PBDEs have been banned in Washington State, Europe and some other U.S. states.
Are there benefits to using flame retardants?
Technically yes. Fire kills many, many people each year in US and causes massive property damage – some reports note $11 billion annually. Retardants do officially reduce risk of fire and thus also reduce the risk of death. injury and property damage. For example, TV sets without PBDEs are a primary cause of domestic fires in Germany where PBDEs have been banned.
However, there are other ways to prevent fires and while the short term effects of flame retardants may seem beneficial, how long do you have to pay for these benefits? There are no massive long term effect studies on flame retardants but of course we know they cause damage, as noted above. How much damage remains to be seen as time passes.
Should you buy a newer, non-flame-treated mattress?
According to most experts, yes. That’s the one and only way to avoid sleeping right next to flame retardants. The U.S. Green Building Council notes:
- Limit or stop all purchases of any furniture, carpet padding or any other interior items made from polyurethane foam and Dacron. (Dacron is “extruded” polyurethane foam.)
- Ask before purchasing fabrics if they are treated with ANY flame-retardant chemicals, and purchase only 100% “permanent treatment-free” fabrics and textiles.
That said, it’s hard to find a safe mattress – even ones treated with so called eco-flame retardants aren’t safe…
Mattress manufacturers don’t have to disclose chemicals in mattresses and various sources say that one of the only ways to get an actual chemical-free and safe mattress is “To have a doctor or chiropractor write you a prescription for a chemical-free mattress, and then find a manufacturer to make one for you.” This same source also recommends looking for 100 percent wool, toxin-free mattresses, putting your mattress into a waterproof mattress cover which might help reduce your may exposure to chemicals or to look for a mattress made with Kevlar instead of flame retardant chemicals.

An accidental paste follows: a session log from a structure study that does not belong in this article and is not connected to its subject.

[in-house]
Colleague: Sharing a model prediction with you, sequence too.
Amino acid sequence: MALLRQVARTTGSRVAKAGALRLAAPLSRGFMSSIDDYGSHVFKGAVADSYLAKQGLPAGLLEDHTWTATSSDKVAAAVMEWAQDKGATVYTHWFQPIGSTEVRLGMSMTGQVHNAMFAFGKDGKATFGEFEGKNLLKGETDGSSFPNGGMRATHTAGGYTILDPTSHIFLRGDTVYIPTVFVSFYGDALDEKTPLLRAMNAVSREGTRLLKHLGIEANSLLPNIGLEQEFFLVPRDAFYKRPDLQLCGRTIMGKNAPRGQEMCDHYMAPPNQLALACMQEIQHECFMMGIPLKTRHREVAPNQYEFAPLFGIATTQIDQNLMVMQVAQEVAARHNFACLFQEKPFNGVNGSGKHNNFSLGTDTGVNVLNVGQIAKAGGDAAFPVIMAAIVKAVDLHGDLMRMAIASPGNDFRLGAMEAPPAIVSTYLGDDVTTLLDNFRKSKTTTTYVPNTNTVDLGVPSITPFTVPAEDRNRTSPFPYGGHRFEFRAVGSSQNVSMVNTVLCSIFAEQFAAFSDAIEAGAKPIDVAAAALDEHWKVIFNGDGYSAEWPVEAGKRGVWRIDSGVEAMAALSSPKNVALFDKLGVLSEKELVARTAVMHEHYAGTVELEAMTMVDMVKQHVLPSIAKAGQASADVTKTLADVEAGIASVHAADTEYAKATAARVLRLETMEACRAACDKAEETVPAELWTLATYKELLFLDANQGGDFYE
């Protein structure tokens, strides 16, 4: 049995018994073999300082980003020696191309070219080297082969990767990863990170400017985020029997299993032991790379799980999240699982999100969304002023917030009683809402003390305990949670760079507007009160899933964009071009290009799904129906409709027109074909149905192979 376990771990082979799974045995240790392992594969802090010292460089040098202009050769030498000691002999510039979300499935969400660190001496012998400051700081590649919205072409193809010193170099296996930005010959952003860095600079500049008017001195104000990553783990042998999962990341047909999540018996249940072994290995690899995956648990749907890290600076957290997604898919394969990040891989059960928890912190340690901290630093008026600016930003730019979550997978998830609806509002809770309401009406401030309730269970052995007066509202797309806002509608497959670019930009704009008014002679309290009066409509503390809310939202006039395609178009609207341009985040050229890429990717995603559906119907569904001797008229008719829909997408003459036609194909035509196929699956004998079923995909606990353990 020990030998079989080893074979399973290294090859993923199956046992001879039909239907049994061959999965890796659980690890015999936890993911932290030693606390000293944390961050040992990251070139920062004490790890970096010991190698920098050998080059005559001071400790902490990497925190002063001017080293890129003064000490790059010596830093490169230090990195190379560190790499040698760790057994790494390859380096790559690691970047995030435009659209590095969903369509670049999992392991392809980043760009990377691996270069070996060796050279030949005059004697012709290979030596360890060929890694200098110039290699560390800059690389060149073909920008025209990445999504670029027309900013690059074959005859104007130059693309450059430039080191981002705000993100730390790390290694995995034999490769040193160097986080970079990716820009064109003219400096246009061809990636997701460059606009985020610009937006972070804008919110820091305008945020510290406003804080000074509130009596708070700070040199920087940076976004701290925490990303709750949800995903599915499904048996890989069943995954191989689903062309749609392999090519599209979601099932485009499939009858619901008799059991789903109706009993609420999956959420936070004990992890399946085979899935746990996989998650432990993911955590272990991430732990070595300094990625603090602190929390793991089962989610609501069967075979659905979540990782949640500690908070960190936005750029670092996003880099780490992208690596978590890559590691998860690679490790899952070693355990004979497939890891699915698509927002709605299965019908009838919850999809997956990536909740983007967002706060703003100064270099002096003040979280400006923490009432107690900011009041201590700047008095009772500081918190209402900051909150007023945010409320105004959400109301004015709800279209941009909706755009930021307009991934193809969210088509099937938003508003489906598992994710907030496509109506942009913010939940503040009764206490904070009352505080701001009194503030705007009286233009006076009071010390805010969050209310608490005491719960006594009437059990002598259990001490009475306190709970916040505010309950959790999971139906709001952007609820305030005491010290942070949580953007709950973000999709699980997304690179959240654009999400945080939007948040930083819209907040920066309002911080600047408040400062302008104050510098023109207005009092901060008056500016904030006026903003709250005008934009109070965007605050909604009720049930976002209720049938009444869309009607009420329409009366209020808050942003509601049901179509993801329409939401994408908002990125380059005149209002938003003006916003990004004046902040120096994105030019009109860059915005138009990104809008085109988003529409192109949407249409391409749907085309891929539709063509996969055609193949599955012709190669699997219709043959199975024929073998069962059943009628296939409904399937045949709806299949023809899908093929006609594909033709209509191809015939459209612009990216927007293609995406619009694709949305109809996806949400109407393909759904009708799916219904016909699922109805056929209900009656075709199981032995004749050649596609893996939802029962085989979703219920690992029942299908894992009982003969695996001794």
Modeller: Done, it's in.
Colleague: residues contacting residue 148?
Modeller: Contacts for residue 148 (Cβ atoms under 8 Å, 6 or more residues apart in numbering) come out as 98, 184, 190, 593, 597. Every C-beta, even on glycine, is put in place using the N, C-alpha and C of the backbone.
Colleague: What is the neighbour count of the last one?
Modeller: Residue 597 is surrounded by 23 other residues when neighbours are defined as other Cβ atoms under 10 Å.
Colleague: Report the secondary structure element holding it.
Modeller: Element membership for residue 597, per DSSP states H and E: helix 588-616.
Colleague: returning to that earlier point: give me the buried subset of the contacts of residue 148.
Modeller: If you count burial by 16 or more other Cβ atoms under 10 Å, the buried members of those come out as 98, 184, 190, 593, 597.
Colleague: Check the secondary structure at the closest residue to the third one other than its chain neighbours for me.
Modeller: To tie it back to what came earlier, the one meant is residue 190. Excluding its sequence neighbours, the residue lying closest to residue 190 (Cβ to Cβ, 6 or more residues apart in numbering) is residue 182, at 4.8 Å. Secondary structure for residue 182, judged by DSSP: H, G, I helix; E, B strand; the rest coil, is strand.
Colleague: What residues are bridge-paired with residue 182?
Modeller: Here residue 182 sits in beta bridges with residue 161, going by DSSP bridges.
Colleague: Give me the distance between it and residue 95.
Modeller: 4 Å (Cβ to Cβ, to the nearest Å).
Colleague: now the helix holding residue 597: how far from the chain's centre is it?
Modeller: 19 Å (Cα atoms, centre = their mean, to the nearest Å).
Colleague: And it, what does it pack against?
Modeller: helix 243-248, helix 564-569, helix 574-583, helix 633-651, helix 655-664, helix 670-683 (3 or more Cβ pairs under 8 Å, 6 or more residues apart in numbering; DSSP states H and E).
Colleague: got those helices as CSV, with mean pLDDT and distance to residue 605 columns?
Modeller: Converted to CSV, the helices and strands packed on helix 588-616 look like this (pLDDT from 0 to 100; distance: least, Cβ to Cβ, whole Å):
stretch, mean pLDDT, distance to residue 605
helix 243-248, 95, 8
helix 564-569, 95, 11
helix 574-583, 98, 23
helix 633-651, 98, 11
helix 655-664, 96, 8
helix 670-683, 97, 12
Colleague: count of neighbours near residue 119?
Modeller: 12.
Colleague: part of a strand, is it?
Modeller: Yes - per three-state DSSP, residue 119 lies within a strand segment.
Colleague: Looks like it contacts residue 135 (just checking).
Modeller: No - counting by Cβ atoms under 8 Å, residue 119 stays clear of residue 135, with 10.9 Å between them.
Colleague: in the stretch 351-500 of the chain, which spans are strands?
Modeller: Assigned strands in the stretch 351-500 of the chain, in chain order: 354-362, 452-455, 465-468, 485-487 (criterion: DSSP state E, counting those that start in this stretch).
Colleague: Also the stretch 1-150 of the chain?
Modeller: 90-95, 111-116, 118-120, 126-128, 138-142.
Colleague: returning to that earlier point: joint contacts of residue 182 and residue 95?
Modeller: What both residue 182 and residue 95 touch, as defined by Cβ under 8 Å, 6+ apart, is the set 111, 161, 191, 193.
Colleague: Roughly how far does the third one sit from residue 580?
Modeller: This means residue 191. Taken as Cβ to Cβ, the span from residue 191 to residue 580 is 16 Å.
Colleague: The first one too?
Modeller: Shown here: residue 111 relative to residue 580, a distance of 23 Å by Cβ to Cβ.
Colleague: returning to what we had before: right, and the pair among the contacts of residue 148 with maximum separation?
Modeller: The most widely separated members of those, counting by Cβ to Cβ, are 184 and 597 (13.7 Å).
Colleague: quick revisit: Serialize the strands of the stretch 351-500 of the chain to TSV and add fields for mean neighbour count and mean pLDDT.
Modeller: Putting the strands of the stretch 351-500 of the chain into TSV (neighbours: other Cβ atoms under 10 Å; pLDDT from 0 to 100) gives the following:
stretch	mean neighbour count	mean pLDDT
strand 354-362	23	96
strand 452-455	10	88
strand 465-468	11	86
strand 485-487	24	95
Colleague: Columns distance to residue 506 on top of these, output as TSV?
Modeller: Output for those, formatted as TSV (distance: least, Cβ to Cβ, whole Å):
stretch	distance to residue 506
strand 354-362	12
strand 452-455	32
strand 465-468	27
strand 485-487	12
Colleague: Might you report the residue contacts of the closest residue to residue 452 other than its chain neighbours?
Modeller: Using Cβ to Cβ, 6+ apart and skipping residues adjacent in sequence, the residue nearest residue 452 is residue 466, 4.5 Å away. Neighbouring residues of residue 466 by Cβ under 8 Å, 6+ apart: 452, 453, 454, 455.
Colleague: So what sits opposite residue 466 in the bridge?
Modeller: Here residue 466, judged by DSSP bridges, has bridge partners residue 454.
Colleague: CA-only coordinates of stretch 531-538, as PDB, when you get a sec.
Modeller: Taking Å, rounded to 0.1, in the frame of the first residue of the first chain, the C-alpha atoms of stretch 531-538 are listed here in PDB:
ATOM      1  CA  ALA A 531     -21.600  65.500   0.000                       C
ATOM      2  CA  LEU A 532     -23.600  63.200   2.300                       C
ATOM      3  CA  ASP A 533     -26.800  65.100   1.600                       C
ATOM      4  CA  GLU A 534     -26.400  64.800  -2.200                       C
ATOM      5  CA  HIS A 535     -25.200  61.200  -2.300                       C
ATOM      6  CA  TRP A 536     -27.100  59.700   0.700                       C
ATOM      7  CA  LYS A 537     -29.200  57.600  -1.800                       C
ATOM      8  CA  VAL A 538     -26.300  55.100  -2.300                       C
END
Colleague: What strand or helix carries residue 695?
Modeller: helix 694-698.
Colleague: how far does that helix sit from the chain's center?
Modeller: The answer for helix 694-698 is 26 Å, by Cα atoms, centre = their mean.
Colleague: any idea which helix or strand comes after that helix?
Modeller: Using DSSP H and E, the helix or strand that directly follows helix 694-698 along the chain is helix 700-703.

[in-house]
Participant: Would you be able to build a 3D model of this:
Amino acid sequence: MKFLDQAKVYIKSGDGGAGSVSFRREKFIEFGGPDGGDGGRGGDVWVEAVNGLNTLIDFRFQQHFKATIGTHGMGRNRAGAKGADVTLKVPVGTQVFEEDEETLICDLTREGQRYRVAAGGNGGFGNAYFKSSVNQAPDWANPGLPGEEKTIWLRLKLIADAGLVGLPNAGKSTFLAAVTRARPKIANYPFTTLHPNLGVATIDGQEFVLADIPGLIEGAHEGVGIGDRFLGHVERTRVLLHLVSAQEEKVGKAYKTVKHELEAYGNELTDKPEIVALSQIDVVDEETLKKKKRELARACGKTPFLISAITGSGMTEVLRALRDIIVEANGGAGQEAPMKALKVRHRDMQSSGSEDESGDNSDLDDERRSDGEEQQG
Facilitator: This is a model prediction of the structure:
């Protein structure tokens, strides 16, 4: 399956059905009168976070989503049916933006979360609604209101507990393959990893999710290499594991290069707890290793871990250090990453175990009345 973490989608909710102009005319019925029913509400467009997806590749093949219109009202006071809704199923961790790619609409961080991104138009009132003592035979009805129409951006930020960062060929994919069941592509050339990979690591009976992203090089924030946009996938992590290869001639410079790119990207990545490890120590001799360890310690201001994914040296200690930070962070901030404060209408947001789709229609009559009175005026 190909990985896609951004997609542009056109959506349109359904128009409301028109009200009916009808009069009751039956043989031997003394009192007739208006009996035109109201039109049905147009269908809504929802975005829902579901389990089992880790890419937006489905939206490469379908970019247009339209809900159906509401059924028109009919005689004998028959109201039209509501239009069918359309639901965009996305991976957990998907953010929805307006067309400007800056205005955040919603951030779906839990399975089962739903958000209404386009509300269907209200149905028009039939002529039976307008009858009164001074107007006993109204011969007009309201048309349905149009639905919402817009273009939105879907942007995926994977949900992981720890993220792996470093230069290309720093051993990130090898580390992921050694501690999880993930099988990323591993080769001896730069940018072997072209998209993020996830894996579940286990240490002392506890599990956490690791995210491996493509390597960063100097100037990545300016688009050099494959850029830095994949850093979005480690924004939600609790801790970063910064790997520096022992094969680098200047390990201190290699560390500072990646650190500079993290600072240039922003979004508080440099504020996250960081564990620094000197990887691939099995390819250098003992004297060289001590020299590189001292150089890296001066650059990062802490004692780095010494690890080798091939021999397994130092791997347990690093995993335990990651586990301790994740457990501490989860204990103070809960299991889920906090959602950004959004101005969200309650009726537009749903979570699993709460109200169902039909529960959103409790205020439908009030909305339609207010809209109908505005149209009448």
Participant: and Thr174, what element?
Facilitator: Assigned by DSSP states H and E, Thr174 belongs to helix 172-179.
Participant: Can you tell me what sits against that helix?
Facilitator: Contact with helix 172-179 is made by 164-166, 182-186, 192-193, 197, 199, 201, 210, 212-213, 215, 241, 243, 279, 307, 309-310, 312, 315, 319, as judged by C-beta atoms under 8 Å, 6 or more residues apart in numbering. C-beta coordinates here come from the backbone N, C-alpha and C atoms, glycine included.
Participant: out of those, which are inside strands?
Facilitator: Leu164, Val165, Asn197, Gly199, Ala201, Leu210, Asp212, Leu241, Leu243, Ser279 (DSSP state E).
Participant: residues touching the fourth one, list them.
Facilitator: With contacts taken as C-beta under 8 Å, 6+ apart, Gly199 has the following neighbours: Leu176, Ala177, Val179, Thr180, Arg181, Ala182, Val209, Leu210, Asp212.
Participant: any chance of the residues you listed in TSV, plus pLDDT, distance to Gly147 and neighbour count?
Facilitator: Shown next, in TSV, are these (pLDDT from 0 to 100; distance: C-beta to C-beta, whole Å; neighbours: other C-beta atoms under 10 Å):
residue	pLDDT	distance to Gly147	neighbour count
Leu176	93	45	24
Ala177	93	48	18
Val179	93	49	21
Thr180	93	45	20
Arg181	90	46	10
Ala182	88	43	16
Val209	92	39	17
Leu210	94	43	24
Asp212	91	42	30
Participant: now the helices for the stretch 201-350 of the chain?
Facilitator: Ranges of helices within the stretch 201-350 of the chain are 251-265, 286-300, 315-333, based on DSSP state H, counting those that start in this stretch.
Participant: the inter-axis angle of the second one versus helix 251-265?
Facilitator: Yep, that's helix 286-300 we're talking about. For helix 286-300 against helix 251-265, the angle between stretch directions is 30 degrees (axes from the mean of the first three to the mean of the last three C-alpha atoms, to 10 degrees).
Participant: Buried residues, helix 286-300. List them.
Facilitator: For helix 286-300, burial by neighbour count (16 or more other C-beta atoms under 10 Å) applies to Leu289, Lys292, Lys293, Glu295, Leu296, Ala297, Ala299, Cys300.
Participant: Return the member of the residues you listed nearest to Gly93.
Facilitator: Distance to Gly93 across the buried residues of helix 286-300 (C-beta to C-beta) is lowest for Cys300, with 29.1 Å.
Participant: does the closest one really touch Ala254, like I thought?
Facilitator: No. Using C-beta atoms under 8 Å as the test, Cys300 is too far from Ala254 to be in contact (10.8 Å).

Will covering older flame retardant treated objects help?
Not so much. According to all the new research I found it says you should replace older polyurethane foam furnishings not simply recover them as the new fabric, sheet or other cover will not magically trap the contaminants.
What if you really can’t afford a new organic baby mattress?
The U.S. Green Building Council notes you can help limit the effects of exposure to flame retardant chemicals by doing the following:
- “Vacuum your home frequently, including all furnishings, with a HEPA vacuum cleaner that meets current standards for air tightness.
- Use HEPA air cleaners, particularly in the bedroom. Make sure to purchase TRUE HEPA. And get one with a good, large carbon filter. The best HEPA filters also contain up to 18 lbs. of carbon for filtering out both contaminated dust and VOCs.”
To sum up – it’s all very confusing for the average consumer:
- Flame retardants and other chemical treatments used for mattress are harmful and super persistent; even so called greener treatments may not be safe.
- It’s difficult to find a chemical-free mattress, but it’s smart to try.
- Covering an old mattress won’t help according to most sources, but a few sources note that maybe a waterproof cover can help.
- Cleaning your home well is a must, since dust is a major carrier of flame retardant chemicals.
Whew. All in all, not the best answer ever, but sadly there’s a ton of mix-mashed info out there. I’d suggest looking for the safest mattress you can find and keep up with your dusting. If you can’t afford a new mattress, or find one, I’d also note that panicking about it seems kind of fruitless, considering how abundant flame retardant chemicals are in the environment AND because of how difficult it seems to be to find a safe mattress.
Basically, if you’re in the USA, you’re going to be exposed to off-gassing. Yes, you should try to limit exposure, but the U.S. government along with mattress, and other home supply manufacturers sure aren’t making it easy.
Image ©cherylholt via Pixabay